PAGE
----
ruffles-cheddar-sour-creamYes, I’ve been sobbing over him on occasion, but far less frequently than I did when I wasn’t sure whether I was doing right by him. I’m busy trying to figure out the treat du jour. I thank Frankie’s fans on the Will My Dog Hate Me Facebook page for their suggestions.  Who knew cat food was doggie crack?

In addition to the Friskies, the treats have so far included Trader Joe’s Cocktail Pups (all beef, all natural, nitrate free, my idea) and cheddar cheese Ruffles (potato chips were the suggestion of Leo, aka Kenzo Hovawart, and not a smart choice, given my propensity for eating 10 or 20 chips to every one that finds its way to Frankie).

But it wasn’t until yesterday that Frankie hit the real dining jackpot. I went to a brunch buffet armed with little plastic bags and filled them with slices of grilled turkey, salmon, prime rib, roast beef and half a Sonoran hot dog (sans toppings). I’m lucky I wasn’t attacked by coyotes when I got out of my car.

The goal is to maximize the joy without incurring intestinal distress and so far, I’m pleased to report, I’ve succeeded.

In fact, Frankie seems to be thriving on this diet — I could swear it’s been improving his memory. But of course there’s far more incentive to find a fast route to the kitchen when roast beef, rather than kibble, might be waiting there for you.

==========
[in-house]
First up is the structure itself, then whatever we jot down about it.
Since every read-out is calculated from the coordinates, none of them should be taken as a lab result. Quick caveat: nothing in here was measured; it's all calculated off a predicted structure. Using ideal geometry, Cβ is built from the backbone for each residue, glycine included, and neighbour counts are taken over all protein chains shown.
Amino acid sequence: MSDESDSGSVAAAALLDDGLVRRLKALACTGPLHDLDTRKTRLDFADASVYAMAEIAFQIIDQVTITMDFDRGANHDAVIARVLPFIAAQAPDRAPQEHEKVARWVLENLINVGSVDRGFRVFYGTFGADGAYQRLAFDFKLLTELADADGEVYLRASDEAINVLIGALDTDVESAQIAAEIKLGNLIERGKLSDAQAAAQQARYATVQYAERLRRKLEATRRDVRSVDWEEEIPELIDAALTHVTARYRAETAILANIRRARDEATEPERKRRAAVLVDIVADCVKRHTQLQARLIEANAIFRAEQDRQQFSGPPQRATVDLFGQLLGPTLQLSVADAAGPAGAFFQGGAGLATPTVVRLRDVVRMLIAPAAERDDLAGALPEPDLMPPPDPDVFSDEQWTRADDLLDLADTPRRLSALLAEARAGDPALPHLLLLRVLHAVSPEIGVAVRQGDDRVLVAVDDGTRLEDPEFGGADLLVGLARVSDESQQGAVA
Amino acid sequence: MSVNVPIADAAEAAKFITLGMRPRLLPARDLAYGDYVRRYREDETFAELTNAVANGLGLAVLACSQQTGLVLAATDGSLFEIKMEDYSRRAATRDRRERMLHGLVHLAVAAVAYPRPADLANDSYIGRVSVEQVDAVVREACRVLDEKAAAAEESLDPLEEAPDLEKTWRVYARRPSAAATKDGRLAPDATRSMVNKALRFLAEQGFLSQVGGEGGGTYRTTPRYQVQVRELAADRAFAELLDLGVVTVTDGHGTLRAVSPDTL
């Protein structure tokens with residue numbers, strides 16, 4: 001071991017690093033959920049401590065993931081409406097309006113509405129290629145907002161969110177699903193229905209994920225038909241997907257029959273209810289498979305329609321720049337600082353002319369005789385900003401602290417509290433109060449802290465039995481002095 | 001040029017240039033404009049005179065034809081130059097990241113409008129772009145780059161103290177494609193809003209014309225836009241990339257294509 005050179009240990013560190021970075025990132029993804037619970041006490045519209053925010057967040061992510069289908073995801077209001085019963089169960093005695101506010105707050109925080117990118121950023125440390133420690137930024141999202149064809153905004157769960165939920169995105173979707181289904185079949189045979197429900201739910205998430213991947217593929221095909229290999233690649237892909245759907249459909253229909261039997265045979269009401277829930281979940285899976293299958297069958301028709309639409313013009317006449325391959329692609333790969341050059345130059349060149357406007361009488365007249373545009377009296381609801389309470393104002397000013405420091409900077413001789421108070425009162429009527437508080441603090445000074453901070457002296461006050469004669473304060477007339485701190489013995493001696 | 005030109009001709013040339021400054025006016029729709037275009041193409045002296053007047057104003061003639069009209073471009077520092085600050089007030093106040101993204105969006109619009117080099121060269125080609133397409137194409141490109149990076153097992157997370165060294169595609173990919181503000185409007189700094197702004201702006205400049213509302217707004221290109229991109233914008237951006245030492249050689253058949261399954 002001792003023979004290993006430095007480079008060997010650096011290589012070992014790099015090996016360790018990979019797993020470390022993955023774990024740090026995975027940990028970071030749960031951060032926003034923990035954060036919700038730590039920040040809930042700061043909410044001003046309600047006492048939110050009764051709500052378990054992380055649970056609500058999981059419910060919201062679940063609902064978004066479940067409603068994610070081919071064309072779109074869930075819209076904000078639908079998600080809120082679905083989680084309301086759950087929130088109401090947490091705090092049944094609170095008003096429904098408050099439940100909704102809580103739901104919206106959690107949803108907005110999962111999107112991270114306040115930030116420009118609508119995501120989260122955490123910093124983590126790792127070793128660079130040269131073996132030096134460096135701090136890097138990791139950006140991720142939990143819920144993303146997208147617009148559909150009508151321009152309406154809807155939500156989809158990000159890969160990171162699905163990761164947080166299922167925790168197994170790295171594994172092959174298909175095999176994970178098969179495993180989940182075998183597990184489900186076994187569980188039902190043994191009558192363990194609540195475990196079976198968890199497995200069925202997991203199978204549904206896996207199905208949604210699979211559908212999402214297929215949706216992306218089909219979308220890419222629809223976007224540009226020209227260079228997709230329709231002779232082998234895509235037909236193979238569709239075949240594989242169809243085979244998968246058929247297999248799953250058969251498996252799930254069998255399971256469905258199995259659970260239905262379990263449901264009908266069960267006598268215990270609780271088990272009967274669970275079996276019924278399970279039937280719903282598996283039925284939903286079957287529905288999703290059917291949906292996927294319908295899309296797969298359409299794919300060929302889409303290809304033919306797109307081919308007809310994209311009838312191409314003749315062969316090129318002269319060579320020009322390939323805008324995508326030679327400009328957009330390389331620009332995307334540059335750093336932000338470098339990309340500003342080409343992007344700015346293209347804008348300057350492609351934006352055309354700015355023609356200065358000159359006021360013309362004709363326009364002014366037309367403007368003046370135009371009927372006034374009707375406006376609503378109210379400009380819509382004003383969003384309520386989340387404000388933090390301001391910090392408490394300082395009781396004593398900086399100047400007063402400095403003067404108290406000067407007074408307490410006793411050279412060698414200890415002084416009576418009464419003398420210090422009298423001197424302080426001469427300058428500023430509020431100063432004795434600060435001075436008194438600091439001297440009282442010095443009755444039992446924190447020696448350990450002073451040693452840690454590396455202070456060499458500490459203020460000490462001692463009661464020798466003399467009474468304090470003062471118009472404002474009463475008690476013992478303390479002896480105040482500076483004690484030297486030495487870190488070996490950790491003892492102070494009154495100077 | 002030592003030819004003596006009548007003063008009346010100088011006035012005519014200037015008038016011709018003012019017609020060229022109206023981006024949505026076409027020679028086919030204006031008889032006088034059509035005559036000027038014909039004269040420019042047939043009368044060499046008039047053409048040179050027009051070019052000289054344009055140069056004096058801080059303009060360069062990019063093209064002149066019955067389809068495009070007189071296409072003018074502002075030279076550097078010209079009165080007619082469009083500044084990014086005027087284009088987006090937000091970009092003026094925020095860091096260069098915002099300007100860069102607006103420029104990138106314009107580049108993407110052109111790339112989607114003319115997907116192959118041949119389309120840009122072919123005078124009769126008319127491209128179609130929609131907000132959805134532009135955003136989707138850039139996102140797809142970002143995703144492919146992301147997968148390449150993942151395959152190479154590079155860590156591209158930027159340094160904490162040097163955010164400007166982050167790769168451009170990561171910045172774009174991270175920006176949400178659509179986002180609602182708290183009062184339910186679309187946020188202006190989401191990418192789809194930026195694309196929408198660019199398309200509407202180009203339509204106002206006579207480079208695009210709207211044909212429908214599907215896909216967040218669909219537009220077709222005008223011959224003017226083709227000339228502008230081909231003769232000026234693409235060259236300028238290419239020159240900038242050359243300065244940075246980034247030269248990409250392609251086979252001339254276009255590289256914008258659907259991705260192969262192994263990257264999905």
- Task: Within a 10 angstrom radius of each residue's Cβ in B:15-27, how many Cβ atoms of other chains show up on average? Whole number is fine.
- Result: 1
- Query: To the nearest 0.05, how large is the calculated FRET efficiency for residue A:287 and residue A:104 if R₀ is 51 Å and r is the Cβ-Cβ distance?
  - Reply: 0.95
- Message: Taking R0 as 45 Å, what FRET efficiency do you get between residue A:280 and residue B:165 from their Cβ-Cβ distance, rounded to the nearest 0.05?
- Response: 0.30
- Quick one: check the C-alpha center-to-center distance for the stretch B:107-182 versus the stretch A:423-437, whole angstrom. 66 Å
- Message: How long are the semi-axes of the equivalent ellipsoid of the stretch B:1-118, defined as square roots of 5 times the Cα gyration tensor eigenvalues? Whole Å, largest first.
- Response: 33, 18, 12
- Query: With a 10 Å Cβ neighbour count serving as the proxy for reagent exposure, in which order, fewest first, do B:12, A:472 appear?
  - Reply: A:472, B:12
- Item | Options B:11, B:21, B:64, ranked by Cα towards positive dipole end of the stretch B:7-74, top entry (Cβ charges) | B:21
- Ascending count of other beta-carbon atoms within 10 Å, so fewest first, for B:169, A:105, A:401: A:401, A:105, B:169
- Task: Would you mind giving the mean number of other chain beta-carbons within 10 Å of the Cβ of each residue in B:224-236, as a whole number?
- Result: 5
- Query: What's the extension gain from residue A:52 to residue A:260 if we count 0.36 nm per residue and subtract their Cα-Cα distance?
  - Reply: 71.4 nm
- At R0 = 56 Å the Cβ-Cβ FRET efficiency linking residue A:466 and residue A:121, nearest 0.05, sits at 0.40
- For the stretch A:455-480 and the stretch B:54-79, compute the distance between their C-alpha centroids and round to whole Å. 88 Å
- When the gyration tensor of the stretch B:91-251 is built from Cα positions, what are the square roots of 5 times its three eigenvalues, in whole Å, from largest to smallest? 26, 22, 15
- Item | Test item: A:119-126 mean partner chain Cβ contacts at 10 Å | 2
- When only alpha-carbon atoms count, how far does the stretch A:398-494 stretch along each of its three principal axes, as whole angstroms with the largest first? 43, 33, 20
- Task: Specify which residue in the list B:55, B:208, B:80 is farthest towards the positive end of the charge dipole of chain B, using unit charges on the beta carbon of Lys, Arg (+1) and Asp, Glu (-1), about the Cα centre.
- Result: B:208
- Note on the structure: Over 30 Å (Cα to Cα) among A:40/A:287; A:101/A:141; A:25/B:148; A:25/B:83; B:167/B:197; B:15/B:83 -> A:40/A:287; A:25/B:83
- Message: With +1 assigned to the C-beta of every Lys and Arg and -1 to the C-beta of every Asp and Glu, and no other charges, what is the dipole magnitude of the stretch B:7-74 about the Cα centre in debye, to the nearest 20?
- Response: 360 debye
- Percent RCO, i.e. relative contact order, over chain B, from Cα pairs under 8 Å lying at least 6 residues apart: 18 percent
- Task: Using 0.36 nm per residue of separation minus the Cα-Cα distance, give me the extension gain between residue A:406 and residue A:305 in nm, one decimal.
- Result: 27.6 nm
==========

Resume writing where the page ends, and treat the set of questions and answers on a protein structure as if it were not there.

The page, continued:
Posted in End of pet life | Tagged , , | 17 Comments

Letting Go: Things That Go Bump In The Night — And the Day

The real Frankie, not the imposter who is living with me now

The real Frankie, not the imposter who is living with me now

One of my  bookshelves collapsed the other day and the handyman said that, in order to fix it, I would have to remove all the books, not just those that had already fallen down. So I started piling them up on the floor of my guest bedroom, which usually doesn’t have piles of books on the floor — as opposed to some other rooms of my house, which do.

But when I took Frankie out for his last pee of the night, I walked through that guest bedroom in the dark, forgetting about the books — and stumbling over them.

Which is when I realized that this is what Frankie must be experiencing. I don’t believe in divine intervention but I think it’s a good idea to take life lessons when they hit you in the face — and almost land you on your butt.

Is This How I Would Want to Live?

As I wrote recently, a lot of the end-of-life checklists don’t apply to Frankie. He never liked car rides, or even walks, so his recent lack of interest in them proved nothing to me about his quality of life. What gave him joy was being with me and being the king of his domain — i.e., our house.